To me the most liberating Concept in the big book is that my troubles are of my own making. It was not fun to confront that but it was essential to free myself from my victim’s cloak. It taught me to keep my mouth shut and do nothing when something is none of my business. It taught me that I don’t always have to put my opinion out for the world’s benefit. As the other big book says, sufficient unto today are its own troubles. It reinforces my third step decision, that I am no longer in the business of management of my own life. Much less anyone elses. And guess what — my family life, my business life, my social life, all got a lot better without my micro management.
Many of us addicts are taught to believe that accountability and admitting our wrongs promotes shame and low self-worth. New age self-help, pop psychology and hip (faux) spirituality teaches us that there is no such thing as healthy shame, that we are not to be punished or humbled, but rather “self-empowered” as it were. This is another way of saying that we are essentially victims and therefore absconded from our narcissism and from full ownership of our troubles. Today, we are given carte blanche to whine and complain. Today it is all about our feelings. Facts and reality be damned.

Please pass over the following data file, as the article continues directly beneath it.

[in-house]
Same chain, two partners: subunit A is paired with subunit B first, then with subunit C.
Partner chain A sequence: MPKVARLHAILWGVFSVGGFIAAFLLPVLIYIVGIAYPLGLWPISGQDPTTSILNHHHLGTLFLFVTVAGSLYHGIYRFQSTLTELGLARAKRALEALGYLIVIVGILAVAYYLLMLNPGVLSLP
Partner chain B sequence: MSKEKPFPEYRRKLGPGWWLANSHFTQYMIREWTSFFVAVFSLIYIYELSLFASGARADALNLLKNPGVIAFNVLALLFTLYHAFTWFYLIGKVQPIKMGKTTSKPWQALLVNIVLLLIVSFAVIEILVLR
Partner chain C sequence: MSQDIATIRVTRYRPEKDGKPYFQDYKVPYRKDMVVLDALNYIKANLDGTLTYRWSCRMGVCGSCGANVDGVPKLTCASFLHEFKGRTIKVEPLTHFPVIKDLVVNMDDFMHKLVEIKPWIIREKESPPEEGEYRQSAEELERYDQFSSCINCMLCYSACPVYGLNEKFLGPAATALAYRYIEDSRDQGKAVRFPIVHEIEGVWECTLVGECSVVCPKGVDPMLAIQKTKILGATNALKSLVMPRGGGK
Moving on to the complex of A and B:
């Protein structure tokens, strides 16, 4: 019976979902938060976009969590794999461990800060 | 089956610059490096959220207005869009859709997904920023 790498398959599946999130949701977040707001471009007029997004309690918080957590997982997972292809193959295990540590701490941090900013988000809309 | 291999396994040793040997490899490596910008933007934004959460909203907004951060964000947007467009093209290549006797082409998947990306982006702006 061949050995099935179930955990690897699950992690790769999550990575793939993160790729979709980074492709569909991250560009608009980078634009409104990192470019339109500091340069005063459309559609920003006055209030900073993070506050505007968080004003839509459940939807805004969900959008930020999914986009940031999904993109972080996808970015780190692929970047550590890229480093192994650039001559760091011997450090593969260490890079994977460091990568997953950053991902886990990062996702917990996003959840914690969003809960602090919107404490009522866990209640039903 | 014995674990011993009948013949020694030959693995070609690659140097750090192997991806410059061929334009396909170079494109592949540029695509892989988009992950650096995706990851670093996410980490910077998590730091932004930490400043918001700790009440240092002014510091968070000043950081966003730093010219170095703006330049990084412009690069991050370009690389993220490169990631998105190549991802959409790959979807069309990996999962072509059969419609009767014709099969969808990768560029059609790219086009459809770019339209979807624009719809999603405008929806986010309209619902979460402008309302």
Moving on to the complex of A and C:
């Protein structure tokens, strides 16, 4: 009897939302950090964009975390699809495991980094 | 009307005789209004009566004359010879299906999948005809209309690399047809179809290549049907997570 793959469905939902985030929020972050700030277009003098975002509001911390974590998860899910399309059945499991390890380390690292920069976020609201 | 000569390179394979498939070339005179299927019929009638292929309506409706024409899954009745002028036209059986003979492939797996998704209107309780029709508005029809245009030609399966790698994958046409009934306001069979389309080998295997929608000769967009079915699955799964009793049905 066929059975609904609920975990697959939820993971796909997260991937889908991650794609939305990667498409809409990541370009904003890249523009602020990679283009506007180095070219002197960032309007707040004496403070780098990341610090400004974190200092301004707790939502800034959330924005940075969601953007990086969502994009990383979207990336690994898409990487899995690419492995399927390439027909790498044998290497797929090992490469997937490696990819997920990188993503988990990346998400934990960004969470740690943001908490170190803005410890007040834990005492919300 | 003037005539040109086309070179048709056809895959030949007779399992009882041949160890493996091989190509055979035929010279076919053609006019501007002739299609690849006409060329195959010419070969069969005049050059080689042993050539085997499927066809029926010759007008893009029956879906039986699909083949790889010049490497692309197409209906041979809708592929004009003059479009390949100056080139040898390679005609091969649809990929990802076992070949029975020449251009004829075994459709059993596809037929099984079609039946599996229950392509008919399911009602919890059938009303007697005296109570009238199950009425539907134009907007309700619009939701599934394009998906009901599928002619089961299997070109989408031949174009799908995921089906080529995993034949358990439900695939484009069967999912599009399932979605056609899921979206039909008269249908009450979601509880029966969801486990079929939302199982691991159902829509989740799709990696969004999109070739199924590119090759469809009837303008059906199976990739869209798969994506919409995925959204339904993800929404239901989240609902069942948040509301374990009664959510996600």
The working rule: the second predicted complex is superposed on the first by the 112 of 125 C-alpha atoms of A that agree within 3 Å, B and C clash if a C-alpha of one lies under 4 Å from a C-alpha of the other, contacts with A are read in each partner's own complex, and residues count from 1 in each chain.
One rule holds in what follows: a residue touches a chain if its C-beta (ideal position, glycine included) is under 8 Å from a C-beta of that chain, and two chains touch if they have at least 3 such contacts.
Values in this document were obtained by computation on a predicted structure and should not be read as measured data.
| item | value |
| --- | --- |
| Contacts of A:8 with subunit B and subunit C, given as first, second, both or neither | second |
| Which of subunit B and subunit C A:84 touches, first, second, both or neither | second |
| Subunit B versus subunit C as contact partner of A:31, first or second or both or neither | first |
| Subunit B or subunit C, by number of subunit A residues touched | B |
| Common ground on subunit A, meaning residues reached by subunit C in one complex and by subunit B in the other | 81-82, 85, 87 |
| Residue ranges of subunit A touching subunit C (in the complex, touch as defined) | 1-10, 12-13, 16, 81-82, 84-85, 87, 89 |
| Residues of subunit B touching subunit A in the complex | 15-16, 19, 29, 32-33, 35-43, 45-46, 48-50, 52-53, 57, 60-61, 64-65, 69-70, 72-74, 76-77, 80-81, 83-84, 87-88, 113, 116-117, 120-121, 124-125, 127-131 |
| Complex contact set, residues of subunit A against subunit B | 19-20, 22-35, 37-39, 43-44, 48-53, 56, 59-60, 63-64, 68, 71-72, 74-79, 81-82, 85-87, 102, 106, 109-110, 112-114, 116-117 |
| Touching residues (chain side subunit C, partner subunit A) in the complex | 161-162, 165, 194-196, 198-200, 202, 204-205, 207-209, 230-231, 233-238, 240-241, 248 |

We are not addicts because of our genes, because our daddy or grandpa or the guy on the Mayflower was an alcoholic. We are not alcoholics because of the bully in school or because we suffered from depression. We are not alcoholics because of climate change, capitalism, social injustice, micro-aggressions, gender-specific bathrooms, Christmas trees, Dr. Seuss, white, cisgendered men or any other complete and utter bullshit. We are alcoholics because we mutated ourselves into alcoholics. Our lives are a mess because of the way we have chosen to perceive and respond to events. To see events as acting upon us as opposed to us causing or attracting the events to ourselves is a false belief.
“Existence precedes essence.” – Jean Paul Sartre
The truth is quite the opposite – that accountability, as Richard says, in fact liberates us. Taking ownership of our troubles frees us from the anxiety of having to fabricate reason after reason (excuse after excuse) for why we feel the way we do, why bad things happen to us and how our lives have manifested as they have up to this point. Assigning blame for every problem in our lives is a daunting task and requires the constant exertion of self-will. As well, it requires that we remain deluded and dishonest with ourselves, which simply propels us deeper into spiritual agony – anger, depression, fear, jade, cynicism…
Once the belief sets in that it is the outer world and others who are to blame for our troubles, the compulsion to continue blaming cripples us from moving forward, letting go, and allowing the world we create from cracking wide open. There is spirit, peace and endless opportunity found in accountability and honesty, yet there is nothing but brick walls, dead ends and misery to be found in blame and narcissism.
Finally, once we become accountable for everything in our lives, we can forgive. We can forgive ourselves… and when we can forgive ourselves, we can forgive anyone. This is the miracle of accountability.
And this is precisely why the Big Book so wisely asserts and tries to smash into our proud and self-obsessed minds that “our troubles, we think, are basically of our own making.” – Alcoholics Anonymous p.62